Conservatism in the United States

Origin, history, and development of conservatism in the United States / From Wikipedia, the free encyclopedia

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Conservatism in the United States is a political and social philosophy based on a belief in limited government, individualism, traditionalism, republicanism, and limited federal governmental power in relation to U.S. states.[1] Conservative and Christian media organizations, along with American conservative figures, are influential, and American conservatism is one of the majority political ideologies within the Republican Party.[2][3][4]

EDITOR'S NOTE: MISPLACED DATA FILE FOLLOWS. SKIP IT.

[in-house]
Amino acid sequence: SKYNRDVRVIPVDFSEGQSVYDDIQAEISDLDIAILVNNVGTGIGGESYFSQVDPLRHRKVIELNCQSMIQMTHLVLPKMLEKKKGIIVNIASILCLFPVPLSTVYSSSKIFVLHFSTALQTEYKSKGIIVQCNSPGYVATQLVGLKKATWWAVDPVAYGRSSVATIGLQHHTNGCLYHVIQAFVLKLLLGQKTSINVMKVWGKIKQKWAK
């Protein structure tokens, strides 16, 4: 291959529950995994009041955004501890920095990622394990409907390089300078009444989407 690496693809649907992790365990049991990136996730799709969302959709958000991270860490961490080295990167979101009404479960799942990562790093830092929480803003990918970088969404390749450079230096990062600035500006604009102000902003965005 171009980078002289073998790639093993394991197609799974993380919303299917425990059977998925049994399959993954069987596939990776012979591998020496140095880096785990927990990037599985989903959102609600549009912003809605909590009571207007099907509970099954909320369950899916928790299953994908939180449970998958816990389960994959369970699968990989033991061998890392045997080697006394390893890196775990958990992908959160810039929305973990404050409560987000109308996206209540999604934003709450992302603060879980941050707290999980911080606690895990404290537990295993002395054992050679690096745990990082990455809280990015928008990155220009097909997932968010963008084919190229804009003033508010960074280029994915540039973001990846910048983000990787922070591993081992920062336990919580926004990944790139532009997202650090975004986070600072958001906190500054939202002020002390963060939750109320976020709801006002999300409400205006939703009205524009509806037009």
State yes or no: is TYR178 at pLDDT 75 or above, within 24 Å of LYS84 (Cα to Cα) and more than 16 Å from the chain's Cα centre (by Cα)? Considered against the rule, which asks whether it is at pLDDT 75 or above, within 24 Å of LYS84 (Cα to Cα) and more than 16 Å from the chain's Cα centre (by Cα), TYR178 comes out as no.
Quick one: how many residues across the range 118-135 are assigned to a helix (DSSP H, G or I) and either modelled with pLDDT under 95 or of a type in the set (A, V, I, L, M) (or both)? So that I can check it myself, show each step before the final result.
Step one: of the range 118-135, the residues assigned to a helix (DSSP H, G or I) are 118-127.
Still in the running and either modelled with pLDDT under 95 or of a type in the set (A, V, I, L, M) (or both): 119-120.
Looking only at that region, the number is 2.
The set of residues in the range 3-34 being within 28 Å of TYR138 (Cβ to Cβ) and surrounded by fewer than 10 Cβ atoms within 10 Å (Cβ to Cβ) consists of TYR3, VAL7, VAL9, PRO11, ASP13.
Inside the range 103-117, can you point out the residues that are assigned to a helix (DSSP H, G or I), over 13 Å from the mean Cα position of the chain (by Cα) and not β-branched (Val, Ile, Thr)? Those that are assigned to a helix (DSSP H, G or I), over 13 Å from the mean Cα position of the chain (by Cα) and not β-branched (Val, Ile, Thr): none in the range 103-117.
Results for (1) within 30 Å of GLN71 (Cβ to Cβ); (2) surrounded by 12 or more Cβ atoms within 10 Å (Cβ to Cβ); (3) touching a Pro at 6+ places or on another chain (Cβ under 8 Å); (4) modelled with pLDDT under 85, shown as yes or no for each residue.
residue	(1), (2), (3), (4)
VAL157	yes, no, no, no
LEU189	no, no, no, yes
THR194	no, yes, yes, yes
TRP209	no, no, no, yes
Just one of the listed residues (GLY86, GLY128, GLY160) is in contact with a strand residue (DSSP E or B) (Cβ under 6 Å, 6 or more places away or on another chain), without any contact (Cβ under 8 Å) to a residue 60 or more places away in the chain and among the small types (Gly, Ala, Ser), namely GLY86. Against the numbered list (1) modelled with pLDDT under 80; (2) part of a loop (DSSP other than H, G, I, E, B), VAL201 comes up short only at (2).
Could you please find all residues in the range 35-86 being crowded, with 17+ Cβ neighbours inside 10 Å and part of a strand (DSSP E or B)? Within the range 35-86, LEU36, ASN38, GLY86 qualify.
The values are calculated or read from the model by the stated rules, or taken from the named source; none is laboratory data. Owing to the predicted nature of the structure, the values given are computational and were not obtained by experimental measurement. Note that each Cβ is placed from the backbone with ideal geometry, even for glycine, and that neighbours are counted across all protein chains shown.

American conservatives traditionally supported what they considered Christian values,[5] moral absolutism,[6] traditional family values,[7] and American exceptionalism,[8] while opposing abortion, euthanasia, and same-sex marriage.[9] Modern conservatives tend to favor economic liberalism and neoliberalism,[10][11] and is generally pro-business and pro-capitalism,[12] while supporting anti-communism and opposing labor unions, inflation, and affirmative action.[13][14][15] It often advocates a strong national defense, gun rights, free trade,[16] capital punishment, and a defense of Western culture from perceived threats posed by both communism[17] and moral relativism.[18] 21st-century American conservatives tend to oppose or question epidemiology, climate science, and evolution more frequently than moderates or liberals.[19][20][21]